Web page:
Please Note that this law has been stayed (put on hold) until the Court resolves an appeal by the San Francisco Apartment Association and the Small Property Owners of San Francisco Institute.

The San Francisco Rent Ordinance protects nearly every San Francisco tenant by requiring just cause for evictions throughout the City.  To file an eviction action in court, landlords must assert a valid just cause reason for the eviction.  Under the San Francisco Rent Ordinance, there are sixteen just cause reasons for eviction.  These include no-fault evictions, where the San Francisco tenant receives a termination of tenancy notice through no fault of their own, such as when the San Francisco landlord desires to move into the unit or remove the entire building from the rental market through invoking the Ellis Act.  Other just causes occur where the tenant is at fault.  Here, landlords were free to file eviction lawsuits against San Francisco tenants after providing a written notice to cure alleged violations.

Now, San Francisco tenants are now entitled to a ten-day cure period for any eviction based on the following just cause reasons for eviction:

  • The San Francisco tenant’s failure to pay rent;
  • The San Francisco tenant violating a material term of the tenancy;
  • The San Francisco tenant committing or allowing a nuisance that is severe, continuing, or recurring;
  • The San Francisco tenant using or permitting the unit to be used for any illegal purpose;
  • The San Francisco tenant refusing to execute a written extension or renewal of the lease under the same terms as existed previously; and,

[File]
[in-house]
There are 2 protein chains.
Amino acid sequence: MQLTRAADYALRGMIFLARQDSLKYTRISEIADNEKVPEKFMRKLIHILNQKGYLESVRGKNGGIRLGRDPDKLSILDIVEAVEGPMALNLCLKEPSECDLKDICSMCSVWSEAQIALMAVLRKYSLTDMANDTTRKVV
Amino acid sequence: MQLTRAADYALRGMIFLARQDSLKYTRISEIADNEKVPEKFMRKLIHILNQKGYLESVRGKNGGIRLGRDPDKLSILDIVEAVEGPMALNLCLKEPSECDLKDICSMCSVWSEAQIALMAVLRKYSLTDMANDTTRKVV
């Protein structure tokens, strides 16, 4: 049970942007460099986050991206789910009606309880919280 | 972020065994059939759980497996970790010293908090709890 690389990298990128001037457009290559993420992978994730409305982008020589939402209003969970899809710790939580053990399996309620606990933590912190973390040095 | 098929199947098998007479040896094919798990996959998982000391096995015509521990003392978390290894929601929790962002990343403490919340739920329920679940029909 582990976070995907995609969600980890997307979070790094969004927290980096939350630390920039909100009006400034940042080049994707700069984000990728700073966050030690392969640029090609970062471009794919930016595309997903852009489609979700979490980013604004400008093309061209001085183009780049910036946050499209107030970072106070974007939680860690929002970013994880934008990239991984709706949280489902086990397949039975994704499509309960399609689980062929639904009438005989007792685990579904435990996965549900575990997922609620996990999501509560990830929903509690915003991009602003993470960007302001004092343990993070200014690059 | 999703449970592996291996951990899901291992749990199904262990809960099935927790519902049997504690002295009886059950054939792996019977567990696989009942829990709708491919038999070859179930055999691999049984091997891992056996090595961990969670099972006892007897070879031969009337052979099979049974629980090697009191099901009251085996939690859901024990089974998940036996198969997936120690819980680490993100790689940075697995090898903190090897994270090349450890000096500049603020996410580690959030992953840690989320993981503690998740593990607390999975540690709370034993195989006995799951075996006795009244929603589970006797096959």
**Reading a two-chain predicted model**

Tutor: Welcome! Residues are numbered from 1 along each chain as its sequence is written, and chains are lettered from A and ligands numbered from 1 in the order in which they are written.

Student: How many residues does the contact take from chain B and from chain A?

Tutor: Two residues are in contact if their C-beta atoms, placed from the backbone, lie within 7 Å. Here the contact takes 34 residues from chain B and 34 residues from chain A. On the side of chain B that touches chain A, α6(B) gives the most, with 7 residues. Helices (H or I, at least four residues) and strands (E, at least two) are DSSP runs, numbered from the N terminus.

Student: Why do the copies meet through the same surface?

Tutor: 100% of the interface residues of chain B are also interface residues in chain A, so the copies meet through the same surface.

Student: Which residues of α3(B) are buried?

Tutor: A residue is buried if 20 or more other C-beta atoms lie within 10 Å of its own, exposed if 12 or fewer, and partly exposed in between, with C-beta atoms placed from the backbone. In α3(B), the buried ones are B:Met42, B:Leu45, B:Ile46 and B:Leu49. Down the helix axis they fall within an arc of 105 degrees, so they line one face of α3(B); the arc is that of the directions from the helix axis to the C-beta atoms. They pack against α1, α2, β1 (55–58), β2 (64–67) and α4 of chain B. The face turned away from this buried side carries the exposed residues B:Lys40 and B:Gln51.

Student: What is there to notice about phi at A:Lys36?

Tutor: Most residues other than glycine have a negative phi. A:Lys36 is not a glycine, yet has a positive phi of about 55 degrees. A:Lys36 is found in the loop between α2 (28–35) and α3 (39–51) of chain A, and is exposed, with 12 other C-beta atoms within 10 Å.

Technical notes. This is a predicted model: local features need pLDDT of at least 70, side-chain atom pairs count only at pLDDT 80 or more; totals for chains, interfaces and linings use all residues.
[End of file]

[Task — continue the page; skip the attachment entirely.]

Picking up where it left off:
• The San Francisco tenant refuses to allow the landlord access to the unit as required by state or local law. San Francisco Administrative Code § 37.9(a)(1)-(6).

Before 2022, the San Francisco Rent Ordinance did not specify how much time the landlord had to provide the San Francisco tenant to cure the violations.

To comply with this new law, the landlord must send the tenant a written warning notice that describes the allegation violation and informs the San Francisco tenant that their failure to correct the alleged violation within ten (10) days may result in the initiation of an eviction lawsuit.  Where the San Francisco tenant fails to address the alleged violation within ten (10) days, the landlord has grounds to commence an eviction action.

Please note that this change does not apply to situations where the San Francisco tenant allegedly creates a serious and imminent risk of injury or property damage or the nonpayment of COVID-19 rental debt.